The answer to these questions appears to be: “because Gene Chizik apparently said so,” “no,” “no,” and “that night.” McNeil testifies that he was not read any Miranda rights. He was not permitted to speak with his family or an attorney until Auburn coaches arrived and passed on his fate. As troubling as that is legally, Gene Chizik can’t be trusted to make the right call on 1st and inches, let alone in a criminal case.

Focusing on the due process concerns, let’s revisit the night of the arrest:

In the darkness of that early morning, the dashboard video of an Auburn city police car reveals grainy images of four players — one white male, three black males — being asked to emerge from a silver Chrysler 300 on a dirt road. The car owner was McNeil but Mosley was in the driver’s seat. With hands raised, they stepped from the vehicle. Within minutes, the five victims, who had not identified their intruders with detail on the 911 call, were brought by police to see the suspects standing in the dark in handcuffs. Show-up lineups are controversial because of their suggestive nature and Hand filed a motion to suppress evidence, arguing the traffic stop was illegal and identification was inadmissible. Judge Hughes denied the motion.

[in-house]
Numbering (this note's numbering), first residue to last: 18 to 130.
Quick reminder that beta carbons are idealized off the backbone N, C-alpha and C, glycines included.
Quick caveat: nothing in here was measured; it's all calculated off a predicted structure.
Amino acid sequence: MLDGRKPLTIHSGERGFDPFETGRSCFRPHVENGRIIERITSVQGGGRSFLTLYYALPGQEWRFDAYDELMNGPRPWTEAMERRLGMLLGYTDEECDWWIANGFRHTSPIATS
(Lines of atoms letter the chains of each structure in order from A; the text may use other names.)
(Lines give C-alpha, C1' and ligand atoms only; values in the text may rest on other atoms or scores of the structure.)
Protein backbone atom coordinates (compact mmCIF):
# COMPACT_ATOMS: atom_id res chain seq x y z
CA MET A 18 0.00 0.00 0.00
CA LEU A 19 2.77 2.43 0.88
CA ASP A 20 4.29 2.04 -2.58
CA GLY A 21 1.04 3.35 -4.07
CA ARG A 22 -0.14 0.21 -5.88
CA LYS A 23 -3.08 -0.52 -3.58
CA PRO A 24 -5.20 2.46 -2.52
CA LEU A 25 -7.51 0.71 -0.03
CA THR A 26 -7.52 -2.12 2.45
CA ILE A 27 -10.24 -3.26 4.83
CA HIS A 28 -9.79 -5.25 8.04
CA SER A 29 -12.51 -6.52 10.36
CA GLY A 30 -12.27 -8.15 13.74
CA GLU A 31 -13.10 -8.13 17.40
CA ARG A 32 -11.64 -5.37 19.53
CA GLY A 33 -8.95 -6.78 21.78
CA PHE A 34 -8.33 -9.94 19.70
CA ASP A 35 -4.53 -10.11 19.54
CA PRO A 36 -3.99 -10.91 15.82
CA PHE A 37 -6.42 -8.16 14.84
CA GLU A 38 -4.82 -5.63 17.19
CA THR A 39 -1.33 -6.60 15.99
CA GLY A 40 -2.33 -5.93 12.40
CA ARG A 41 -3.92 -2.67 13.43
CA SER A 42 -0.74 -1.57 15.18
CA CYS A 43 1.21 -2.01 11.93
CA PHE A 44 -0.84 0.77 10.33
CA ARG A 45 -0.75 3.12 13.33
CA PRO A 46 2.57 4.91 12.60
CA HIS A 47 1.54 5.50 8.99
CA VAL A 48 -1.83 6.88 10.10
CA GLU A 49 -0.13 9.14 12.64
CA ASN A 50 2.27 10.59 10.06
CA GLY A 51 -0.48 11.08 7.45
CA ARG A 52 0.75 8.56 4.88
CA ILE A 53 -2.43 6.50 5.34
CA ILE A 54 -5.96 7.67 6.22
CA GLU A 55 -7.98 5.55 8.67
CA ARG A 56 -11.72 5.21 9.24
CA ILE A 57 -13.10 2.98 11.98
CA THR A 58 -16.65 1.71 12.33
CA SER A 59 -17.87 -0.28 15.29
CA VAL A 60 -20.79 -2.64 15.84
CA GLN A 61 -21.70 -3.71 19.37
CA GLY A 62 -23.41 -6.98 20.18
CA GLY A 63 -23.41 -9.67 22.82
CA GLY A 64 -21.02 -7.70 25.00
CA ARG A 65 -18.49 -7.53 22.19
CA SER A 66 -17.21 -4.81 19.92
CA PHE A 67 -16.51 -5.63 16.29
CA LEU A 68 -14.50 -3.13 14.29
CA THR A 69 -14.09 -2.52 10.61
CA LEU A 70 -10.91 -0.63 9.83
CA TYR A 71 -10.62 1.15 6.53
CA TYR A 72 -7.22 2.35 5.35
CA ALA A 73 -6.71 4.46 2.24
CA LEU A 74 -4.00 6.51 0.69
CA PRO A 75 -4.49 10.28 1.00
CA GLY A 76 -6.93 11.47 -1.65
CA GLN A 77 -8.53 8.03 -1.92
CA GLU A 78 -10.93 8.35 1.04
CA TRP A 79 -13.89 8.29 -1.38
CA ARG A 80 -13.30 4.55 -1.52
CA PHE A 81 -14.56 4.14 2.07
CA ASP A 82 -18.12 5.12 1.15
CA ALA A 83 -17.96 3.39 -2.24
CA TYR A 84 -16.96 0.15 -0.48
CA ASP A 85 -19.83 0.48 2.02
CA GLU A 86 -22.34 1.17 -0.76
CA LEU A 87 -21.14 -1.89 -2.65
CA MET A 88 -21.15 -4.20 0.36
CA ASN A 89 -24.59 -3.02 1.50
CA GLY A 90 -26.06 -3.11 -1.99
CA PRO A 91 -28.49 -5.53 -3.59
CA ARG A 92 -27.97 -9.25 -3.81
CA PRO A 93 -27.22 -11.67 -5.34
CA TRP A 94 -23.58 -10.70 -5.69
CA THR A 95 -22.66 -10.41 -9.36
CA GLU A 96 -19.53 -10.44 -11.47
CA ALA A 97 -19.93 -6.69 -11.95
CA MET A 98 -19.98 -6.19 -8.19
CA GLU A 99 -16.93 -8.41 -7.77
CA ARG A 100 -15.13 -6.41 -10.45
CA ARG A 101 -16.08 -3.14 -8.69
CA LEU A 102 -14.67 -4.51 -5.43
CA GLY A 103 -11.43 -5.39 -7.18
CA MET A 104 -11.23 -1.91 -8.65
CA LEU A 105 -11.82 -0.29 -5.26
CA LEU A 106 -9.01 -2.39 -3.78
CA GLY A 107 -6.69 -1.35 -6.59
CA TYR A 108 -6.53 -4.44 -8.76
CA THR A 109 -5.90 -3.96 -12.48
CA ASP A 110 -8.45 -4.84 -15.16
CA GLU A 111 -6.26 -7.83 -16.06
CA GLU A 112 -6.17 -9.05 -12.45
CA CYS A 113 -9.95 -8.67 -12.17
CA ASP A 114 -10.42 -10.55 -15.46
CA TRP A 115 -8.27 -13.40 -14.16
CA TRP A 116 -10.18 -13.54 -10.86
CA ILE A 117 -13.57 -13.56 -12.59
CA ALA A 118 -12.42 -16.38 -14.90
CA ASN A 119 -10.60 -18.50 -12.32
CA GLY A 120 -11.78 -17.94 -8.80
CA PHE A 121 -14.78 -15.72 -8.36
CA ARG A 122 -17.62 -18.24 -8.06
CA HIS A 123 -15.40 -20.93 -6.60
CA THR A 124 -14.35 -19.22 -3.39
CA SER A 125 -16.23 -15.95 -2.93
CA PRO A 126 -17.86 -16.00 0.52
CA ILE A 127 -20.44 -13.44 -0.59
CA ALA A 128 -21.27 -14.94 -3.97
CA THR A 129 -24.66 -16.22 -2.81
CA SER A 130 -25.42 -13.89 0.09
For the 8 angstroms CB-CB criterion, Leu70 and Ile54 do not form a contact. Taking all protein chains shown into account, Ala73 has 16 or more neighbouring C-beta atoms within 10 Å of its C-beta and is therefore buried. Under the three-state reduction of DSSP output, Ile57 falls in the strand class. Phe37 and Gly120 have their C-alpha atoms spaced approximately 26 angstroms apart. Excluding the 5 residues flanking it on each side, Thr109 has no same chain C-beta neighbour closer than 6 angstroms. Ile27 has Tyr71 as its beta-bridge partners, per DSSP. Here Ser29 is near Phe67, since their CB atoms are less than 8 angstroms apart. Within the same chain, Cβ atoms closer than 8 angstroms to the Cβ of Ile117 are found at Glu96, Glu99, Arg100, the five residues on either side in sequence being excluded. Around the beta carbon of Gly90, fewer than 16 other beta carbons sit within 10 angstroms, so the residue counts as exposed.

Show-up lineups are indeed controversial, but under Neil v. Biggers, there’s at least a test requiring attention be paid to the confidence of the witnesses in the identification. In this case, the witnesses were given different statements within hours of the show-up. But Judge Hughes, an Auburn alum and football referee, apparently dismissed this lack of confidence because, whatever.

Even his supposed accomplices have not testified that McNeil was in on anything. And prosecutors have tried some wild tactics:

According to [Ben] Hand, McNeil’s former attorney, prosecutors intend to put a gun in McNeil’s hand during trial even though it contradicts early witness statements and the original release by police. “All of the descriptions have, let’s say, evolved,” says Hand.

That sounds… prejudicial?

Mike McNeil continues to fight the charges against him, with no help from the university that milked his talent for wads of cash a few years earlier. Meanwhile, Gene Chizik is gone, a victim of the fact that he couldn’t coach his way out of a paper bag without the help of a smart offensive coordinator and the biggest recruiting violation coup ever in the form of Cam Newton.

There are now calls to blackball Chizik, he has denied all the charges.

Interestingly, while every article describes widespread involvement of “the coaches” in the alleged wrongdoing, I haven’t seen any articles singling out then-offensive coordinator Gus Malzahn. This is a curious fact since Malzahn is now the Auburn head coach and his involvement or lack thereof would directly implicate the future of the program.

Hopefully, Malzahn was not involved with anything crazy (other than his wife), because Auburn fans deserve better than a program that puts them through the mud every few years.

Auburn’s Tainted Title: Victims, Violations and Vendettas for Glory [Roopstigo]
Top Grades and No Class Time for Auburn Players [NY Times]
Auburn Football Scandal: Gene Chizik Must Be Blackballed If Allegations Are True [Bleacher Report]
Gene Chizik Responds to Allegations [ESPN]